So how exactly would this system work? Let’s say you’re an enchufado and you’ve earned your wealth thanks to your close yet well-hidden association with the Maduro government. You own a series of international bank accounts, yet you have to be wary, as any wealth coming out of Venezuela is closely audited. With such an ample supply of cash, your only recourse is to invest locally. There are a couple of abandoned projects that could be bought cheaply and then have their price inflated, or maybe it’s possible to open a restaurant or bodegón as an additional source of income, and maybe even as a hobby. 

The current regime has an inherent complicity between all the actors in the play: anyone who steps out of line can immediately be accused of corruption and jailed, ensuring their full loyalty.

Whatever your choice may be, the outcome is that you now own an inherently valuable asset instead of having money that would be unusable outside of Venezuela. Now, with your newly completed asset, you can wait and choose to sell it to those with legitimate means, or you can find a way to make it productive. This is why investments done with legitimate and illegitimate money are virtually indistinguishable.

This system seems to be emblematic of the Maduro regime as a whole. Having criminals being able to gain legitimacy through their ill-gotten wealth, portrays the sad reality facing many Venezuelans: the new normal involves a cohabitation with the new political elite who pillaged the country and now seek to erase the past.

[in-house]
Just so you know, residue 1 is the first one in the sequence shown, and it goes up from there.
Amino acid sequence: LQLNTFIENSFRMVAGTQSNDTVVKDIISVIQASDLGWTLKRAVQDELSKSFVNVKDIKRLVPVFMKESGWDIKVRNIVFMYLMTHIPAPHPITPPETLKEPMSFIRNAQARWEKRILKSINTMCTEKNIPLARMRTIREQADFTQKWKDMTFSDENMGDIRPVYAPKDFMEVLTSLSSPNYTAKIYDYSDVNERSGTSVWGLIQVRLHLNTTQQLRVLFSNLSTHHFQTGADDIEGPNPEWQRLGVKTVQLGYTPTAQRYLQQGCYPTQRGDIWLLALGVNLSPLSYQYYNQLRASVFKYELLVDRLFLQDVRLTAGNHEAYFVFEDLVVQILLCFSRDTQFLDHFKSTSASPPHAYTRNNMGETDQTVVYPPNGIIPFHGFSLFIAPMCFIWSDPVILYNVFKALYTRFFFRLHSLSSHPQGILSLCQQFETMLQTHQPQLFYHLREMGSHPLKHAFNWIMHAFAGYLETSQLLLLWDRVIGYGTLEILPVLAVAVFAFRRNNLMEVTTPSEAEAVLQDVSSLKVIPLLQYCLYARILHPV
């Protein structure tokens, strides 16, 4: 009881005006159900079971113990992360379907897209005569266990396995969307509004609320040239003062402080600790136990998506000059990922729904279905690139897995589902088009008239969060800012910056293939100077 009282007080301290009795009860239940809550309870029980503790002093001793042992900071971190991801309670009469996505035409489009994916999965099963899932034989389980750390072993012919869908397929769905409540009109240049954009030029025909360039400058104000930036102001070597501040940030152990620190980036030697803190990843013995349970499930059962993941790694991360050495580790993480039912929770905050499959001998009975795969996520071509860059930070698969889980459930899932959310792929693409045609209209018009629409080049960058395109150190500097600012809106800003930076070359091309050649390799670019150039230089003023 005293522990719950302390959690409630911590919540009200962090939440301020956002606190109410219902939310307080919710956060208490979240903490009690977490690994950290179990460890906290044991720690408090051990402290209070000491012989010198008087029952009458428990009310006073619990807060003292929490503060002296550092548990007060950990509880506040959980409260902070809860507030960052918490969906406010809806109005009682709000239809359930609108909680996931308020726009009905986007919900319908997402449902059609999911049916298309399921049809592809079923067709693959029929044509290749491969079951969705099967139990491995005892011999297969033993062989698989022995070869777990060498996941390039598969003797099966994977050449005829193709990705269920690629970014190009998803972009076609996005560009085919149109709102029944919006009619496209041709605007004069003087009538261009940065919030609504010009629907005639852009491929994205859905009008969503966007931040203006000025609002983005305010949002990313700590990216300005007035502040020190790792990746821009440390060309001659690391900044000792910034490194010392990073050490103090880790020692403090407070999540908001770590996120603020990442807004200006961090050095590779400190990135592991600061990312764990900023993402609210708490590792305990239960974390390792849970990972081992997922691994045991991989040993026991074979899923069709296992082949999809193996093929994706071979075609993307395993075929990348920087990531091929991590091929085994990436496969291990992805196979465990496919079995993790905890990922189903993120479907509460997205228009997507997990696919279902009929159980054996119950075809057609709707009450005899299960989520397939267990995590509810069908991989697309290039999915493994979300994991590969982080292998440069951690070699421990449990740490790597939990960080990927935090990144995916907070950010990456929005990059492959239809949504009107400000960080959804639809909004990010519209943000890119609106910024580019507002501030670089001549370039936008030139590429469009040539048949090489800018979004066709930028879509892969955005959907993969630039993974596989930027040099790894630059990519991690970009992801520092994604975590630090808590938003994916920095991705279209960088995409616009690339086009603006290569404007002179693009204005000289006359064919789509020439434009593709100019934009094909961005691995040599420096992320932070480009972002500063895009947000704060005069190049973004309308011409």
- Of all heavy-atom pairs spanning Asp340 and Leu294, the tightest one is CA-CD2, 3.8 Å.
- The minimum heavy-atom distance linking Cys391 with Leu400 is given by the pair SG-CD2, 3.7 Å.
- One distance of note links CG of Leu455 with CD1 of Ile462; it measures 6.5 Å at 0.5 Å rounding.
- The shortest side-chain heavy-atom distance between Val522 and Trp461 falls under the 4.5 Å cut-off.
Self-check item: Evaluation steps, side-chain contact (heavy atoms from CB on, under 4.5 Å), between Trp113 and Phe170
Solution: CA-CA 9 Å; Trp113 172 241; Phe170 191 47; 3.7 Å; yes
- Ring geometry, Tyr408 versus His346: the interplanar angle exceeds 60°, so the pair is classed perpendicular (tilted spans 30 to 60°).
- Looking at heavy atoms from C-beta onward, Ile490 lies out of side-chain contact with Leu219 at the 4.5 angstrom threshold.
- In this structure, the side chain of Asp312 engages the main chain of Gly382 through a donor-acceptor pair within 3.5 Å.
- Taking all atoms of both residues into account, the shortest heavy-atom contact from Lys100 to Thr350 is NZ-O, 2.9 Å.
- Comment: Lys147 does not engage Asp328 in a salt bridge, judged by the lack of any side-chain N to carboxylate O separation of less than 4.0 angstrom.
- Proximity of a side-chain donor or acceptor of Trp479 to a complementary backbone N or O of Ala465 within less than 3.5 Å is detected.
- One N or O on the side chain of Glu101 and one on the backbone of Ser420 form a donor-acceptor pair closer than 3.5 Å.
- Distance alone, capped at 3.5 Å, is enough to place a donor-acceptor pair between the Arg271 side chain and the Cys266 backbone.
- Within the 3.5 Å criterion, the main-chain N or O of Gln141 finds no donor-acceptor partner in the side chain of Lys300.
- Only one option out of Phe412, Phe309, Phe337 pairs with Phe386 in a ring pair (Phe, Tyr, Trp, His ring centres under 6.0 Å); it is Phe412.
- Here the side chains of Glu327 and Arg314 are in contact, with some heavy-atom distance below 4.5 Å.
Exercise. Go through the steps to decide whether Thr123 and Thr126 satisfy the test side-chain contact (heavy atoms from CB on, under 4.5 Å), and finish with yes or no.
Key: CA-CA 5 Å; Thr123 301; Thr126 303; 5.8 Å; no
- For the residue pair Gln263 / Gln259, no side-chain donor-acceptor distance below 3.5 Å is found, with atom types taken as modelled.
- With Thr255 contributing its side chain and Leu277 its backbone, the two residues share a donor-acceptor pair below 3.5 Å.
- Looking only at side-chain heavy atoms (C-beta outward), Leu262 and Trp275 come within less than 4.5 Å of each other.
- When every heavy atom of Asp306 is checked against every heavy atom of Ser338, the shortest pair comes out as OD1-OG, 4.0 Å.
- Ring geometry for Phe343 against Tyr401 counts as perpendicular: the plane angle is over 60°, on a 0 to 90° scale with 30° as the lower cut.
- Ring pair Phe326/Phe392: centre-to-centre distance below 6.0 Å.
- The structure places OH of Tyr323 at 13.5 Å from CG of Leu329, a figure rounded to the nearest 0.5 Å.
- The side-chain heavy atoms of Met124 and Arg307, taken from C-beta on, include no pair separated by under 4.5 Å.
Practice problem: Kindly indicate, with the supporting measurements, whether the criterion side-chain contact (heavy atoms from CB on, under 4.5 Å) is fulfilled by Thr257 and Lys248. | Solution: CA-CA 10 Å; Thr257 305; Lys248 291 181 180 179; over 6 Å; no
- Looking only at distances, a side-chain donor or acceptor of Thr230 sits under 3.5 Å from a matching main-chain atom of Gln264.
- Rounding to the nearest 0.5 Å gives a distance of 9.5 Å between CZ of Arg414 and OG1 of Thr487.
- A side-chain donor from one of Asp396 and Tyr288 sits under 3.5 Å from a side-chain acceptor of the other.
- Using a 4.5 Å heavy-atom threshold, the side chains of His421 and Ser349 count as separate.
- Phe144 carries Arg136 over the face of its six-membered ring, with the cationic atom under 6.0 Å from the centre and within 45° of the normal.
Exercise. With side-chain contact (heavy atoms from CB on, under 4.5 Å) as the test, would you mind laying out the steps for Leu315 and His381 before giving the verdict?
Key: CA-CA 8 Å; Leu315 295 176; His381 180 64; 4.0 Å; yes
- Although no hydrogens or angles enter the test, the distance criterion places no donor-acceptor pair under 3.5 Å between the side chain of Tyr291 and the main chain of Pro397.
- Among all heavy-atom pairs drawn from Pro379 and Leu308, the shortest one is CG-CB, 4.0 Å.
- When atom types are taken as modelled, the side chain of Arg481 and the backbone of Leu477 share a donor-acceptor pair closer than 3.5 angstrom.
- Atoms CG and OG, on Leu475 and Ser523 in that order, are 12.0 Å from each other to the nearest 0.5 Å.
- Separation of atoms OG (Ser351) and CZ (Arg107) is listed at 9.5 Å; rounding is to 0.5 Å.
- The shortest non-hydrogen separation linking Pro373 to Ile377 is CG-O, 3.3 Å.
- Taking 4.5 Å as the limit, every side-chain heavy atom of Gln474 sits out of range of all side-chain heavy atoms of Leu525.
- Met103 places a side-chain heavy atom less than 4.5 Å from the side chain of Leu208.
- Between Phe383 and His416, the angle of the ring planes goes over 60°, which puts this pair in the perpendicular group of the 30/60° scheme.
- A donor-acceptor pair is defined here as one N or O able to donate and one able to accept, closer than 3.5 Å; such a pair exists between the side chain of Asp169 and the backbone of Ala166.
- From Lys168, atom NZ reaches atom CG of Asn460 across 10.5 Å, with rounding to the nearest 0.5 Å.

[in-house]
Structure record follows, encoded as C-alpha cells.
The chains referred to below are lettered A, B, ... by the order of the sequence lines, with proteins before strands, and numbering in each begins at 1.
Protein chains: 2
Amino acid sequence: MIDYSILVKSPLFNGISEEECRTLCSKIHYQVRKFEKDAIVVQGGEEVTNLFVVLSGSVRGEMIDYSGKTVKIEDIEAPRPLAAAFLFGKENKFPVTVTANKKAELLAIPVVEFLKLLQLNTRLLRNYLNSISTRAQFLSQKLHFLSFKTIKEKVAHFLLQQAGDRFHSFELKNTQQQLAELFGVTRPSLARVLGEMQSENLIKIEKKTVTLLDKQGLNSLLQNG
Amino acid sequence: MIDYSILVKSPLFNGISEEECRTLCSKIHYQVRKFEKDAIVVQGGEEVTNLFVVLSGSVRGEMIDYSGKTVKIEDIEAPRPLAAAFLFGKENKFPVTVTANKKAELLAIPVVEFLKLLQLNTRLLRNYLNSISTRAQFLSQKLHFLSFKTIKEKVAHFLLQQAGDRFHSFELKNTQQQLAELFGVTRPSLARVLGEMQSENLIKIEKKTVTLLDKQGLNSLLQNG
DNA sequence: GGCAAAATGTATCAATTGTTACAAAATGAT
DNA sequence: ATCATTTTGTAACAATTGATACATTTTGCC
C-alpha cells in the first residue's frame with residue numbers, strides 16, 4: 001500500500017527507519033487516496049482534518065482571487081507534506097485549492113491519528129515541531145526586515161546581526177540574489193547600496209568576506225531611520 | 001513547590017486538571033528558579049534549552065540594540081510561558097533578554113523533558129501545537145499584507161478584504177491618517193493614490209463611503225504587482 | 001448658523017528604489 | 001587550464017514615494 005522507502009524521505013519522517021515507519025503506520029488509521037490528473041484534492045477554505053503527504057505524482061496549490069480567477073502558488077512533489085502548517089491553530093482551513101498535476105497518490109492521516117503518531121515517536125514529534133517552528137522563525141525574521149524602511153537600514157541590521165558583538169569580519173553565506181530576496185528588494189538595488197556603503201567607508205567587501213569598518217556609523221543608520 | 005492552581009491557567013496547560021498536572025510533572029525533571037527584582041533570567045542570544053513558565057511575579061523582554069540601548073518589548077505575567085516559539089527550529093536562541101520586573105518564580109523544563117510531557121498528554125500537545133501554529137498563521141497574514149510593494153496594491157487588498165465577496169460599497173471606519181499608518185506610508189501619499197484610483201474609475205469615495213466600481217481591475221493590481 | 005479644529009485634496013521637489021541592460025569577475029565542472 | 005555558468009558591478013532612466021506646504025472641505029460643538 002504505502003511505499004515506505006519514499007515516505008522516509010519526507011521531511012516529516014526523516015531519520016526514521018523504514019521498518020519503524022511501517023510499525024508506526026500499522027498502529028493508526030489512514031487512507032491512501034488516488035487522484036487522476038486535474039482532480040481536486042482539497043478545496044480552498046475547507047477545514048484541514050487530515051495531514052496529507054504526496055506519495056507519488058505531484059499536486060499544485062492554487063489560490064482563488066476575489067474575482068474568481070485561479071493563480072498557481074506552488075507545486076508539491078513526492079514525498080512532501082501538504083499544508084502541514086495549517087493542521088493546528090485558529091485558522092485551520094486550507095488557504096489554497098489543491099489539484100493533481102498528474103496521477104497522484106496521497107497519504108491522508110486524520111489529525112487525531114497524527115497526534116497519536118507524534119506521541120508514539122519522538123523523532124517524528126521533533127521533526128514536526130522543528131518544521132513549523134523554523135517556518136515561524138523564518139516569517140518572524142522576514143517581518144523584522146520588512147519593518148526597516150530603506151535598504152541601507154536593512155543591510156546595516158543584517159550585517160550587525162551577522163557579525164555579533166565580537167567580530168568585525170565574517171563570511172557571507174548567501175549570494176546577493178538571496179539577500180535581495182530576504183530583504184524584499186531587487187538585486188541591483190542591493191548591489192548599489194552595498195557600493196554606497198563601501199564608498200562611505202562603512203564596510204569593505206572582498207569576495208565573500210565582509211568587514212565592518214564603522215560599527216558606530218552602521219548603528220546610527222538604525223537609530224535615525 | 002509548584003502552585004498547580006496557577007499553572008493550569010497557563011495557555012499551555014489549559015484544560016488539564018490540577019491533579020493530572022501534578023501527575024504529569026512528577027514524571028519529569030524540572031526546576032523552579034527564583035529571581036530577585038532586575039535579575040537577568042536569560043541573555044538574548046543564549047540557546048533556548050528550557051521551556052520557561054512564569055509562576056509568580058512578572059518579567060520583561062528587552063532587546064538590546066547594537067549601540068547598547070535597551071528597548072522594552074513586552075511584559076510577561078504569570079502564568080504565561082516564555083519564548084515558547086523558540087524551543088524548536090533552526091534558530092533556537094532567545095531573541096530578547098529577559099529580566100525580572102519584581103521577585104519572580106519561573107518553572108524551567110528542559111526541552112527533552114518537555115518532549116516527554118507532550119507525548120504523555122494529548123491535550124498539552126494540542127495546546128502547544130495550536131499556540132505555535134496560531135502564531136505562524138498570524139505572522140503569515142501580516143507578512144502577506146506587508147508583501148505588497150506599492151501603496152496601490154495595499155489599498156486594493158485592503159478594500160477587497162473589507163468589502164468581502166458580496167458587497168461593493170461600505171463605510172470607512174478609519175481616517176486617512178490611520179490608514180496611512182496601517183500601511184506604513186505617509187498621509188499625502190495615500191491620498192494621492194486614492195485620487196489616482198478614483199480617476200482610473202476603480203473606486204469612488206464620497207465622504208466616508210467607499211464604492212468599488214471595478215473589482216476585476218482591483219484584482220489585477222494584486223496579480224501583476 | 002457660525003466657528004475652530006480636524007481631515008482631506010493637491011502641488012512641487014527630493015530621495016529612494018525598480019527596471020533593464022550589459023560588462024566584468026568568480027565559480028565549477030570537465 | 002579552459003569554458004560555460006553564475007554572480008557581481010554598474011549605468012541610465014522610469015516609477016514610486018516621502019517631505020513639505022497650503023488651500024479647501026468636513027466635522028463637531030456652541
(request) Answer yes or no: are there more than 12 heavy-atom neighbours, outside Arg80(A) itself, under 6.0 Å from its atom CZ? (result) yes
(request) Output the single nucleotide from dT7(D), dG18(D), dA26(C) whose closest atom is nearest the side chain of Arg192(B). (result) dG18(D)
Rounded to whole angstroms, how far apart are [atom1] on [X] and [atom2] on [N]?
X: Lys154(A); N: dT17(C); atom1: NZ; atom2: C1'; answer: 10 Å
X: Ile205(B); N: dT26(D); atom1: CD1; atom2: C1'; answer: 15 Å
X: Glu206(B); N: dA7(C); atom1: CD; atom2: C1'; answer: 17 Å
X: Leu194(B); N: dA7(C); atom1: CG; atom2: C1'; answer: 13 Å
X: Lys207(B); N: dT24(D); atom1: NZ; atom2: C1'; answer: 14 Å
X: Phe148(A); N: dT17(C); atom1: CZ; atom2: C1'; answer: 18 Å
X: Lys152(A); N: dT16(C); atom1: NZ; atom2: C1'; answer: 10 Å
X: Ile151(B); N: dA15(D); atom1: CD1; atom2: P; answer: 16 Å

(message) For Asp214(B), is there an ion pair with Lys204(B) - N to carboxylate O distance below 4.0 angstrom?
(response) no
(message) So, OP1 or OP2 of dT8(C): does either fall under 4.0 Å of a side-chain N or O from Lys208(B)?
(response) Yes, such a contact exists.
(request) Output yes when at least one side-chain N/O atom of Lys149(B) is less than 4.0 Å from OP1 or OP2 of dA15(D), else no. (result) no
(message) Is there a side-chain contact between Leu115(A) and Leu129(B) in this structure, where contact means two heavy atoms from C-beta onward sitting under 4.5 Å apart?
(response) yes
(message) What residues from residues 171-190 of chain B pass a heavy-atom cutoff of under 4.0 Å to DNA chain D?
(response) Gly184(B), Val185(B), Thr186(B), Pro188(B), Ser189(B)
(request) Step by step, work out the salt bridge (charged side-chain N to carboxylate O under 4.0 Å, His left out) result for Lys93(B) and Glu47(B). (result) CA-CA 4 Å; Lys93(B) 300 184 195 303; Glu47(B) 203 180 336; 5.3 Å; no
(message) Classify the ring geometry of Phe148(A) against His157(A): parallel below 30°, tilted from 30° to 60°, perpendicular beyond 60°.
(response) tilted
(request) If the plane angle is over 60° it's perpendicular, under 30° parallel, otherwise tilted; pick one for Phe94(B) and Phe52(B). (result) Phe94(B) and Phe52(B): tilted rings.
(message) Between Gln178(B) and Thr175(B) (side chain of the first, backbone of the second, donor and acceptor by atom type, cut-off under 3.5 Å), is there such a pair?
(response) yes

Yet one can also see the willful ignorance of this new ruling class, believing that this rough-shod economy would be able to sustain itself through sheer force of will. It relies on the possibility to gain and make investments with illicit funds, yet the regime’s purse strings are increasingly restrained; it relies on finding legitimate investors or customers in order to legitimize and maintain a mechanism for productivity, yet millions of Venezuelans flee in droves and the middle class is all but destroyed. 

The new office tower is like the industry that it currently represents, a vacant husk held up by its slowly deteriorating façade. It’s a representation of a time when Venezuela had some degree of productivity and raison d’être, but now it’s merely a prop, utilized by those in power to sustain their declining existence.

A city of empty monuments for an elite that rules over no one, clinging on a broken system that will also bring their downfall one day.

This post was originally posted on Caracas Chronicles – View Original Article

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About the Author

admin
Have lived and invested in Venezuela full time for the last eight years and visited for each of twelve years prior to that. Studied and closely followed developments in Venezuela since 1996.